Andrew ‘Beef’ Johnston’s maiden European Tour victory at the Open de Espana was a popular one with fellow players, caddies, his Twitter followers and members at his home club, North Middlesex, all celebrating the coming of age of a golfer who is always ready with a smile.
When he admitted afterwards that he was looking forward to “getting hammered”, the response on social media and across the internet was electric, as golfers who were previously unaware of him immediately associated with a down-to-earth character who was high on emotion.
But it would be a pity if that excitement allowed people to miscast Johnston. Yes, he enjoys life, but his victory was no flash in the pan – it was a result built on hard work, preparation and self belief.
When Johnston completed the up-and-down on the 72nd hole that secured victory at Valderrama it called to mind the up-and-down he crafted to win his first European Tour card back in 2011, at Challenge Tour Grand Final in Italy.
Talking of that final round three years later, at the 2014 Grand Final, he said: “I didn’t get much sleep and I was nervous during the round too, but you just play don’t you? Everything was shaking when I needed that four down the last, but you’ve got to concentrate and trust you can do it.”
Four and a half years later that experience bore fruit.
But that first crack at the main tour was chastening. “It was a tough year, a steep learning curve. Simple things like more people, more going on, playing near people you normally only see on telly, realising how good they are, big crowds, grandstands on the final green.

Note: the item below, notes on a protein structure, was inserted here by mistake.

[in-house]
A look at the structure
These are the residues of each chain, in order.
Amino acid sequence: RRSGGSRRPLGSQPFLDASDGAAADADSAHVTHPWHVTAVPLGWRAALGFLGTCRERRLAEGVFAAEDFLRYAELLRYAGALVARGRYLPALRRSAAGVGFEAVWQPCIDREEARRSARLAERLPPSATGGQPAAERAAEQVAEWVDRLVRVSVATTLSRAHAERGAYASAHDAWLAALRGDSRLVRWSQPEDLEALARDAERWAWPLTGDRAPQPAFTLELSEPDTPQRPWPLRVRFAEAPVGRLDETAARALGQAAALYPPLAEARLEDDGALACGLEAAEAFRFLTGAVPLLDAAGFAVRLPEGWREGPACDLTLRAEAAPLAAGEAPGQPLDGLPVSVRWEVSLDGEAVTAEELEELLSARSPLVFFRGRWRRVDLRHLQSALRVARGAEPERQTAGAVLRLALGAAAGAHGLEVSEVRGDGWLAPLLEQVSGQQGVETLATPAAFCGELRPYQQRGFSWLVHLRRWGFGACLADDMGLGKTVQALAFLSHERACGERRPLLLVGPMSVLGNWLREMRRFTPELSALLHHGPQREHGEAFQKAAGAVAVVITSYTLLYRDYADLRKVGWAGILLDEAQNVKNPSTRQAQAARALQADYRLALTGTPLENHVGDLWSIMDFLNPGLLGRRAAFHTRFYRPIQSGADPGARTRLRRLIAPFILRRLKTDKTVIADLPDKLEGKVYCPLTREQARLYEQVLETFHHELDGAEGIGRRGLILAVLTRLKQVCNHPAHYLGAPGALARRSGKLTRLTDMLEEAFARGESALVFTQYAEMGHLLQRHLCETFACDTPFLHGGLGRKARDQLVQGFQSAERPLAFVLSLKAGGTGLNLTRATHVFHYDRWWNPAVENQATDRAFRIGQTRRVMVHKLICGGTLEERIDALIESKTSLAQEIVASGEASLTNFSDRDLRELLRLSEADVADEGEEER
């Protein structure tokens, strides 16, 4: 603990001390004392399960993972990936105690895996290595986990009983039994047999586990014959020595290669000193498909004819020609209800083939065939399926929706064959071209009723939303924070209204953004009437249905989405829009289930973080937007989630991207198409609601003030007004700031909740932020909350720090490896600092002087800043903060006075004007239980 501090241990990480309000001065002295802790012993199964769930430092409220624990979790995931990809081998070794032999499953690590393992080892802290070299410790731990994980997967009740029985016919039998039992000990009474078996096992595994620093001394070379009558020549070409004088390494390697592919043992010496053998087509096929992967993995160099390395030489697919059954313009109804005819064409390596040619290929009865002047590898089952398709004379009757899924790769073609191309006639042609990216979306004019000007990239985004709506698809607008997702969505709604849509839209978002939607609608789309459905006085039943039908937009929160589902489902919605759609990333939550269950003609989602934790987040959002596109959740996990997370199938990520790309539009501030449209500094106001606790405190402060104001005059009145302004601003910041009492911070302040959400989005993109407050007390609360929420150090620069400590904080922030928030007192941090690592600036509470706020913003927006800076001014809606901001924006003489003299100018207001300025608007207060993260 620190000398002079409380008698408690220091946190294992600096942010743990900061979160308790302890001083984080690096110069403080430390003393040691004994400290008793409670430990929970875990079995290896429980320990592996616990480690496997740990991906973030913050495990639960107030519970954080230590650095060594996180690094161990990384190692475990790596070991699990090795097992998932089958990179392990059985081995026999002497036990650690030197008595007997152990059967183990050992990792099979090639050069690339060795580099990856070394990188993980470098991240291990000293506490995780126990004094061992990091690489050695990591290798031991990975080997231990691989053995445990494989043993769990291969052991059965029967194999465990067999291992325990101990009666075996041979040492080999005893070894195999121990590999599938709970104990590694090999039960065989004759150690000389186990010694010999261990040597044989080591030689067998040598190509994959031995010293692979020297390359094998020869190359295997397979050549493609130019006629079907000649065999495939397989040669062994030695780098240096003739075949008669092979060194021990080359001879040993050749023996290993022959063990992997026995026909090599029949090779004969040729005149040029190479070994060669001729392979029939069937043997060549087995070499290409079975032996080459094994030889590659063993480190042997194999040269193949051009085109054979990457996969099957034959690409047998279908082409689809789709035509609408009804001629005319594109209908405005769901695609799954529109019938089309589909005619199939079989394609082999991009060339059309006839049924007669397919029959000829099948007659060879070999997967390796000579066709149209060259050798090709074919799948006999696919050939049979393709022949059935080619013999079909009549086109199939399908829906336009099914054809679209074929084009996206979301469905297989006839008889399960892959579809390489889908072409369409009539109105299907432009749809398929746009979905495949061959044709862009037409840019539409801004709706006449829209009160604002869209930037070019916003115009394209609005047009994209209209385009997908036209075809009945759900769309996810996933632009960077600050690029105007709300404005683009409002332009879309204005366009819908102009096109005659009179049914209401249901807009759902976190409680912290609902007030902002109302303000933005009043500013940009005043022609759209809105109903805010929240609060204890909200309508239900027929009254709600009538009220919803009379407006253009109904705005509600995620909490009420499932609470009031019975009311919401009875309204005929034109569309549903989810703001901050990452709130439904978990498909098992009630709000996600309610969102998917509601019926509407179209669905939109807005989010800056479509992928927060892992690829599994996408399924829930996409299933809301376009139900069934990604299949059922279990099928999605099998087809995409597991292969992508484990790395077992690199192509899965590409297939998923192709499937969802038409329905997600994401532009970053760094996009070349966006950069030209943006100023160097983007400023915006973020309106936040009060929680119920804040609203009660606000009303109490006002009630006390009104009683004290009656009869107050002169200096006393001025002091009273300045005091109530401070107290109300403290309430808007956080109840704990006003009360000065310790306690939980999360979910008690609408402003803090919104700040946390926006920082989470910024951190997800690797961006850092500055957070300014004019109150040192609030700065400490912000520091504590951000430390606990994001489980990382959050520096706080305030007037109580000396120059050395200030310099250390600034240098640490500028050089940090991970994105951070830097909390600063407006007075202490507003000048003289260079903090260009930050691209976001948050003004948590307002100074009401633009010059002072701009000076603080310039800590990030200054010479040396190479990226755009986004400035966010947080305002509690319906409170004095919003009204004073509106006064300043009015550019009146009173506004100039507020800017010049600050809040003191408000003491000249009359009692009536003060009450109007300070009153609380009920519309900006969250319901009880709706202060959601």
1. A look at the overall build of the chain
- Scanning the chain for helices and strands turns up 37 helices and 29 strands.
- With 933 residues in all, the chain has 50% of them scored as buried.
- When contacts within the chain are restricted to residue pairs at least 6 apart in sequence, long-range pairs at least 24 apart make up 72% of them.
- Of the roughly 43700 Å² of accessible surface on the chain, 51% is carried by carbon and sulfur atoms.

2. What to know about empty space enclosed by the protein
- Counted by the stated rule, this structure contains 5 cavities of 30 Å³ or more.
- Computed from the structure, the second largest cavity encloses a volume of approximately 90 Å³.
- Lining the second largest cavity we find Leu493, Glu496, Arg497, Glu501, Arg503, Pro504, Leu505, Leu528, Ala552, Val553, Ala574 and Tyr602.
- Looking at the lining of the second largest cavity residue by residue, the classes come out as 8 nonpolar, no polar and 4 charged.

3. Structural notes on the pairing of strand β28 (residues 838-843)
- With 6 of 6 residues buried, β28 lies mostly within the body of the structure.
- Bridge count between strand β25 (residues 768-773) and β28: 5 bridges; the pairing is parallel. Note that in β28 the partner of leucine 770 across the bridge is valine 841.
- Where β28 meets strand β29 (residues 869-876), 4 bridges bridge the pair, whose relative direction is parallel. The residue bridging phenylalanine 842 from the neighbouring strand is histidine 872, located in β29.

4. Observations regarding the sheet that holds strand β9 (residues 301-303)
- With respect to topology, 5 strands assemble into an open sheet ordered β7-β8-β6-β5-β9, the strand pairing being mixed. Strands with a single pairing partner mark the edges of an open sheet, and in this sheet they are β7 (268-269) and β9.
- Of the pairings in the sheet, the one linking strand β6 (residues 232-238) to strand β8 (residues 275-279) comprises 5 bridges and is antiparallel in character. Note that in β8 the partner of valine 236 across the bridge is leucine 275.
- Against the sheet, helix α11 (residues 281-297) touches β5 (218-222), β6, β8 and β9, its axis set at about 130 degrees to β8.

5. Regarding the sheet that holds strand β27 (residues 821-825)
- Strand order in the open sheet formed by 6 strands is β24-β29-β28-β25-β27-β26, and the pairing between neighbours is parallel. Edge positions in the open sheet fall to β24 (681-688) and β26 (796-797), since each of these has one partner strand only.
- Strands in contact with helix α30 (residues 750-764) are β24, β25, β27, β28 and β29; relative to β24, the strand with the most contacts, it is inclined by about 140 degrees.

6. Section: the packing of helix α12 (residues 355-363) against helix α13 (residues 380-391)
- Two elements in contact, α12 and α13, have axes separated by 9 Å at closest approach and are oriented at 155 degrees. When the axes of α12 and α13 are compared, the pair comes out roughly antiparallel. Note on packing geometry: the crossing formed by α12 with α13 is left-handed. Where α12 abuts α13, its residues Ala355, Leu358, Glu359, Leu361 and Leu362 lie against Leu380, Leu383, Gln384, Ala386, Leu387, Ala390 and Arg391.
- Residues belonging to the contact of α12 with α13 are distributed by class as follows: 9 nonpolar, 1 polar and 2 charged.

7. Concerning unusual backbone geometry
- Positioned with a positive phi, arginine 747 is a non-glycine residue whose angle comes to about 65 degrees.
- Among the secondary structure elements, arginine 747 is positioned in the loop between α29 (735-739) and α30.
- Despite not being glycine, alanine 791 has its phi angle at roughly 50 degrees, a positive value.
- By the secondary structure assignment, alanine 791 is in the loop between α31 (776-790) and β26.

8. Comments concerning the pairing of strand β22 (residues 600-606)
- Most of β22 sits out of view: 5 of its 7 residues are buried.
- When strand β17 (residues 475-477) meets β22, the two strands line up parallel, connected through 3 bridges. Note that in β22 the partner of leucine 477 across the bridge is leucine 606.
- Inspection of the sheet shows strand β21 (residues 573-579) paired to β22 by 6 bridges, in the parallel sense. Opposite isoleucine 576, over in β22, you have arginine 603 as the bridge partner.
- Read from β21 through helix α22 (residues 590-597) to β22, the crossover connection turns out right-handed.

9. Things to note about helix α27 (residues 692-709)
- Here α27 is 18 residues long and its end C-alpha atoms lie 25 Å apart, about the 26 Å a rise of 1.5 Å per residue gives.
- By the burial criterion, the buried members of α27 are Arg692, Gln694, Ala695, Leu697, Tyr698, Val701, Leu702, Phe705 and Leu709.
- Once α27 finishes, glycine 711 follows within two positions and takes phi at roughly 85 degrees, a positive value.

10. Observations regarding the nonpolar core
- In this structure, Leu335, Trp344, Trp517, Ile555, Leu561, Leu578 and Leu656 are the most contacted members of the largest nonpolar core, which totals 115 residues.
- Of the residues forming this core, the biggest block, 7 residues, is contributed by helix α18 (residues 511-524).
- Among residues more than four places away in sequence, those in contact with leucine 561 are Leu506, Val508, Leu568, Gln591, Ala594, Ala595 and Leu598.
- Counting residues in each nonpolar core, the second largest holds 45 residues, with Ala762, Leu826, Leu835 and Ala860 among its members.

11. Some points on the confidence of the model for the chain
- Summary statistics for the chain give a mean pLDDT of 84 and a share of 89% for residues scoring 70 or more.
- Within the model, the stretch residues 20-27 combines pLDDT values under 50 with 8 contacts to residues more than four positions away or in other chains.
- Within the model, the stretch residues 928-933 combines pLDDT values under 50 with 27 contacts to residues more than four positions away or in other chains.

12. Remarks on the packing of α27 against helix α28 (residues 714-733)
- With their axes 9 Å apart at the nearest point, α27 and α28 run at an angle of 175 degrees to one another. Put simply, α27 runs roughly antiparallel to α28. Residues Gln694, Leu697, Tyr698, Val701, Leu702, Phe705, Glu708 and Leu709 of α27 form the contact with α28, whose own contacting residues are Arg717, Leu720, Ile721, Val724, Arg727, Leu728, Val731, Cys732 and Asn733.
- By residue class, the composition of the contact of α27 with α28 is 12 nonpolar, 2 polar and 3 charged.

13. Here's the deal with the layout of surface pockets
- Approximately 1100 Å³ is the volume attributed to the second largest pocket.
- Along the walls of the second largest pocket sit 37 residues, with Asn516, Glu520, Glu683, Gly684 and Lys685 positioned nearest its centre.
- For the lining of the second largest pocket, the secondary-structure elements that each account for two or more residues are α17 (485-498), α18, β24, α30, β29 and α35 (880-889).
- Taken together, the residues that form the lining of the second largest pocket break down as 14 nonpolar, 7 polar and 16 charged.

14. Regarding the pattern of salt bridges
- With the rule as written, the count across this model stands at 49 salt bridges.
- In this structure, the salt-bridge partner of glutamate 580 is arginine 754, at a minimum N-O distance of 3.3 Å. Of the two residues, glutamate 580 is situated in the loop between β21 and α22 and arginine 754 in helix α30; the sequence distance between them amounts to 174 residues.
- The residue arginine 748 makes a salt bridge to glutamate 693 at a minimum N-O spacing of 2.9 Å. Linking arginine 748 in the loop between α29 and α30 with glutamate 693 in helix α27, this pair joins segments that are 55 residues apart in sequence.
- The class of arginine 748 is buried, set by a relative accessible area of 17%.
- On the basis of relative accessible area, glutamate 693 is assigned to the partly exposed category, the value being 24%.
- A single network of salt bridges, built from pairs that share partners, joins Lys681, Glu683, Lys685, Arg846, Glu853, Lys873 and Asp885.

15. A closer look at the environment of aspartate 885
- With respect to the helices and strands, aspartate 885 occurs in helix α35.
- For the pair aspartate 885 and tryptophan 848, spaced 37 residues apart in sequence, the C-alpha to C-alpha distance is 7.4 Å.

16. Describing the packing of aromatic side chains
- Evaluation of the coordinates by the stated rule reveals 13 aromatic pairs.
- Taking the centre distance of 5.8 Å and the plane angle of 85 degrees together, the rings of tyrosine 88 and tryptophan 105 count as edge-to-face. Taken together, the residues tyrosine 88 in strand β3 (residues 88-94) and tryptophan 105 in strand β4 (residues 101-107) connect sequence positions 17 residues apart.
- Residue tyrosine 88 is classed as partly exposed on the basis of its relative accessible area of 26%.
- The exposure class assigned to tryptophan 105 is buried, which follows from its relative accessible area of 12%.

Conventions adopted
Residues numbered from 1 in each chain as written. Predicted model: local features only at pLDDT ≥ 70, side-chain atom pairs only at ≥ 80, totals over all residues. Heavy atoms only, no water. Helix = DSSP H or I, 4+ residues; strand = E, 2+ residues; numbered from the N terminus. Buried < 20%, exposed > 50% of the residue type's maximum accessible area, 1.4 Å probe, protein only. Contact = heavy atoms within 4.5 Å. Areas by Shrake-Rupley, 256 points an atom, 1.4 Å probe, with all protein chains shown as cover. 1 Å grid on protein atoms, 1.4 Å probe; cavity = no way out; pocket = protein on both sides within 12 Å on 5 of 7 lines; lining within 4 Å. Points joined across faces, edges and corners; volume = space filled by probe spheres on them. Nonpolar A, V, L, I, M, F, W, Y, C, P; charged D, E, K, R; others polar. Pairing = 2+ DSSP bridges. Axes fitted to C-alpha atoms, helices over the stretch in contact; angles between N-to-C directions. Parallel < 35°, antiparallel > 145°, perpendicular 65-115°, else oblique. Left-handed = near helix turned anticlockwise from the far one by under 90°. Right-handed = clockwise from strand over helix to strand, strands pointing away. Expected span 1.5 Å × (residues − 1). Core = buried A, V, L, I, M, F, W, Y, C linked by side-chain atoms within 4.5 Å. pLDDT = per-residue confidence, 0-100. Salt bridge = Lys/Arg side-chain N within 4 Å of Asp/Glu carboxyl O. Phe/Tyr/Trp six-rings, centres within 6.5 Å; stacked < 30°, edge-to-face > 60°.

“They’re little things, but getting used to it was a big thing. I also learned I needed to be fitter and work harder on my game.”
Unfortunately a shoulder injury threw a spanner in the works. “All those plans to get fit,” Johnston laughed, “and I ended up putting weight on. It was tough.”
In the winter of 2013-14 he stepped things up, taking a physio and personal trainer on-board and spending months in Spain and Portugal honing his game ahead of the Challenge Tour season.
“The difference that year was that I knew I’d put in all that training and hard work so I had no doubts. I was trusting and committing to the shot.”
He won twice on the way to topping the Challenge Tour rankings and his second stab at the European Tour saw him heed the lessons as he finished 70th in the Race to Dubai.
“The injury was a turning point,” he said. “When I got through it I made some changes and worked harder. You have to put the effort in, commit and let the scores take care of themselves.”
Crucially making his card was not enough. At the Dunhill Links Championship last autumn he was ruing a summer of missed opportunities and that helped fuel the breakthrough in Spain.
“I came off the course and I just started crying with the emotion of it,” he said after victory was assured. “It's just very surreal and I don't think it will hit me for a few days.”
When it hits him he will reflect on the journey has has taken, he will be proud and, if the evidence of the last few years is any guide, he won‘t be resting on his laurels.
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